• You returned any payment you knew or should have known you weren't eligible to get.

You must show that you need your income and resources to meet your ordinary and necessary living expenses.   

Ordinary and necessary living expenses include food, clothing, housing costs (mortgage or rent, utilities, insurance, taxes, maintenance), medical expenses, child support, and other miscellaneous expenses you can reasonably consider a part of your standard of living.

SSA is more likely to grant your waiver request if you do not have extra money in the bank or extra income left over each month after paying your living expenses.

You must show you have given up a valuable right or changed your position for the worse because you expected to get benefits.

Example: You signed a lease for an apartment that you thought you could afford based on the social security benefits you were getting, and now it will be hard to break your lease without paying a penalty. 

You can ask SSA to reconsider their decision by filing SSA Form 561, "Request For Reconsideration." You can get this form at your local Social Security office, download the form, or file an online appeal

You must submit your Request for Reconsideration within 60 days of the date you get the written denial from SSA. A different worker will review your request and make a decision.
SSA denied my Request for Reconsideration of the waiver.

You can ask for an administrative hearing with an ALJ.  See "SSA denied my Request for Reconsideration" in the previous section.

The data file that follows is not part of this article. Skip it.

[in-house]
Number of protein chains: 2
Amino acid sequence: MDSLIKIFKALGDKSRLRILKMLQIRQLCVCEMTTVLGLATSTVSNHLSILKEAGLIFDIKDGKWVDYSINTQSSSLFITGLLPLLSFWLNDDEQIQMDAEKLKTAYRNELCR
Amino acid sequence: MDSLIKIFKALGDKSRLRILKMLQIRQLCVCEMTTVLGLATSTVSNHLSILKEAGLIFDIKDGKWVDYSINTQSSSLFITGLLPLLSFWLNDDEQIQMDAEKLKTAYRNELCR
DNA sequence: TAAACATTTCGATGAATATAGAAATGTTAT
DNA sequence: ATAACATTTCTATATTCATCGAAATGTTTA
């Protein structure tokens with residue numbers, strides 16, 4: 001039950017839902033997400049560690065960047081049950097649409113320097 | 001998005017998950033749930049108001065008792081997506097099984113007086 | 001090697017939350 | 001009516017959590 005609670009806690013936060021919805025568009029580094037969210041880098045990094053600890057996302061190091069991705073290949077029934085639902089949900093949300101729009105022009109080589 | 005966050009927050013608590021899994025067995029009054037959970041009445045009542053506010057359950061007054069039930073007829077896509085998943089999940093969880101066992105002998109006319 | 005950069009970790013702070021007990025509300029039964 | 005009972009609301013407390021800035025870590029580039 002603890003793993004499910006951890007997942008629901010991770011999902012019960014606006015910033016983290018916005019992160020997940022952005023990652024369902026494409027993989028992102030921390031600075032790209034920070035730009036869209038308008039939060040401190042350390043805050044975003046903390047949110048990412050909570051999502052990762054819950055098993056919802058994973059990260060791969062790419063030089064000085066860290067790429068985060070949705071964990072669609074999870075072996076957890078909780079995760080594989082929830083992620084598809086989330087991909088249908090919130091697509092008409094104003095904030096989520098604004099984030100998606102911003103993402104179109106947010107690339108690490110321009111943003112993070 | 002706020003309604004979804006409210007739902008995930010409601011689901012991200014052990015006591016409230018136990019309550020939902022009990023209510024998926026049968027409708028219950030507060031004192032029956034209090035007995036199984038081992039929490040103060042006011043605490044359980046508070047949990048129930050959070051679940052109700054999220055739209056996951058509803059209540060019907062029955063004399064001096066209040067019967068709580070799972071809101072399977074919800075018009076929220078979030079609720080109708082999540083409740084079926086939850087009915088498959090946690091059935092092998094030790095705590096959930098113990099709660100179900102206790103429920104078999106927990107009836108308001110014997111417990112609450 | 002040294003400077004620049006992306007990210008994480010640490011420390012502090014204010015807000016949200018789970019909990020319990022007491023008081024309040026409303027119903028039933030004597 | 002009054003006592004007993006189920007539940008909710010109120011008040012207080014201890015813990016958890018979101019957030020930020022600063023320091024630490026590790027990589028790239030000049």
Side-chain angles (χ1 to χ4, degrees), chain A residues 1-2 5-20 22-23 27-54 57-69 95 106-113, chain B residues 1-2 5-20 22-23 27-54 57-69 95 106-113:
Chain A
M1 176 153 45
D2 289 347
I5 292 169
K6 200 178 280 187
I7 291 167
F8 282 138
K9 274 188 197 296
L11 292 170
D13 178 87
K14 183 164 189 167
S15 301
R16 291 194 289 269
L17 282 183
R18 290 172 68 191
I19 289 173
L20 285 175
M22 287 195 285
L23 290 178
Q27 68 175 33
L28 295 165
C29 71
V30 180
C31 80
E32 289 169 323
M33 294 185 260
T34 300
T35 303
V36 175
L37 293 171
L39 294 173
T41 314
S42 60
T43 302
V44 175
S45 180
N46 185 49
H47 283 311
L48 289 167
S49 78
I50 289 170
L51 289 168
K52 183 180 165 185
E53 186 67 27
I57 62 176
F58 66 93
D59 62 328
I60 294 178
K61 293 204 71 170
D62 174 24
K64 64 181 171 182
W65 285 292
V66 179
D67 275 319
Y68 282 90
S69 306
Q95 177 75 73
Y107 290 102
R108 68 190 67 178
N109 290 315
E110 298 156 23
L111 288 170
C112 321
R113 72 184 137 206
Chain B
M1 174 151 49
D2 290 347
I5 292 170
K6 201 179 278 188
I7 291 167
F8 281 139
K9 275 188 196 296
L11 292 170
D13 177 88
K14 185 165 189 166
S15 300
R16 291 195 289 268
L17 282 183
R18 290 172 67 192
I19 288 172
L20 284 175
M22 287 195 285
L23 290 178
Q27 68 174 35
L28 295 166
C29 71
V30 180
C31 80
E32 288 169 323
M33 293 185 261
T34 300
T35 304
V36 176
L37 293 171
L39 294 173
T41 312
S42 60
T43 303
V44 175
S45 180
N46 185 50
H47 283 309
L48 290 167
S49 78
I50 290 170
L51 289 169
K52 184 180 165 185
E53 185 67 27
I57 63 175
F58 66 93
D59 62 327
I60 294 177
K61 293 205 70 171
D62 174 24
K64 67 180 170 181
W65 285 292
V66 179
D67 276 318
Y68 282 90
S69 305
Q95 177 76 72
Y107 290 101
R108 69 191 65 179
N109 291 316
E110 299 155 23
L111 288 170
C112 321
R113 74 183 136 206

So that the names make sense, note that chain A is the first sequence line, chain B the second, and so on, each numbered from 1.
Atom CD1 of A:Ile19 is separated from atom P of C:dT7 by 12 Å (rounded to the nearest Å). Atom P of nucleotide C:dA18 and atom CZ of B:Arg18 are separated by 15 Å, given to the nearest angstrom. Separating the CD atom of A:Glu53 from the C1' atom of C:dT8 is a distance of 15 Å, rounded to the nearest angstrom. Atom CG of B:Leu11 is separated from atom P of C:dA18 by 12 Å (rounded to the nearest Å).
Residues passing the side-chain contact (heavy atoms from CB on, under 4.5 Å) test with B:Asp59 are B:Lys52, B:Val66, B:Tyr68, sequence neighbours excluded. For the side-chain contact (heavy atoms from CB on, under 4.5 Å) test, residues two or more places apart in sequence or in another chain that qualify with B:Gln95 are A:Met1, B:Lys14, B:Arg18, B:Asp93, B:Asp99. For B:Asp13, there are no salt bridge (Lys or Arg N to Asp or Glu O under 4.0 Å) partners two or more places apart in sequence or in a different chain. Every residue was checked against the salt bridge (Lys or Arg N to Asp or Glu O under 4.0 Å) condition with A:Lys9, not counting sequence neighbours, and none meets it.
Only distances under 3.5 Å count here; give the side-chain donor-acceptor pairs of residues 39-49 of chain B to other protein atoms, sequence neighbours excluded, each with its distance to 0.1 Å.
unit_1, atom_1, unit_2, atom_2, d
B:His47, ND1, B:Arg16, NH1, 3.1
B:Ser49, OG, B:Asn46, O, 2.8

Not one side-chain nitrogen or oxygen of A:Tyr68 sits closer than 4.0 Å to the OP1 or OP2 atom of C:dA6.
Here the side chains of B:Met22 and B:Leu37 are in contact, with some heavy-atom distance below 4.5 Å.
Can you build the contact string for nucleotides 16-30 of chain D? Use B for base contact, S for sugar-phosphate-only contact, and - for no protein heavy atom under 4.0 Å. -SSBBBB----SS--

When Both Appeal and Waiver Requests are Denied

SSA will try to recover the overpayment from you.  It usually does this by reducing the amount you get each month.   

If you get SSI, SSA can lower your benefits by up to 10% to recover the overpayment.  The current SSI benefit is $783 per month. The most SSA could lower your benefit by is $78.30 per month. If you get SSDI, SSA will lower your monthly benefit to $0 until the overpayment has been paid back.

SSA will ask you to repay the overpayment within 30 days. If you cannot afford to pay the full amount all at once, you can ask SSA to pay back the overpayment in installments.

If you do not repay the overpayment, SSA may do one or more of these:

  • Garnish your wages

  • Reduce the overpayment amount from your tax refund

  • Reduce future SSA benefits may you receive, including retirement benefits

  • Report your nonpayment to credit bureaus

You can ask SSA for a compromise or change in repayment rate.

Asking for a compromise means asking to pay SSA less than the full amount of the overpayment. SSA will not compromise the overpayment if you still have the money that was overpaid, or they found you were at fault in causing the overpayment. You can make an offer of compromise in writing and give it to your SSA office.

Asking for a change in repayment rate means asking SSA to collect the full overpayment but in smaller amounts at a time. You can ask for a change even if you agree that you were overpaid and with the amount of the overpayment.

You can ask SSA to lower your rate of repayment based on your present financial situation. Weigh your income against your expenses. Decide how much you can afford to pay each month. Ask that SSA only lower your benefit by that amount.  SSA will ask for proof of your income and expenses before deciding. You can ask for a change in repayment rate using this form.

Get Legal Help

Visit Northwest Justice Project to find out how to get legal help. 

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Last Review and Update: Mar 02, 2022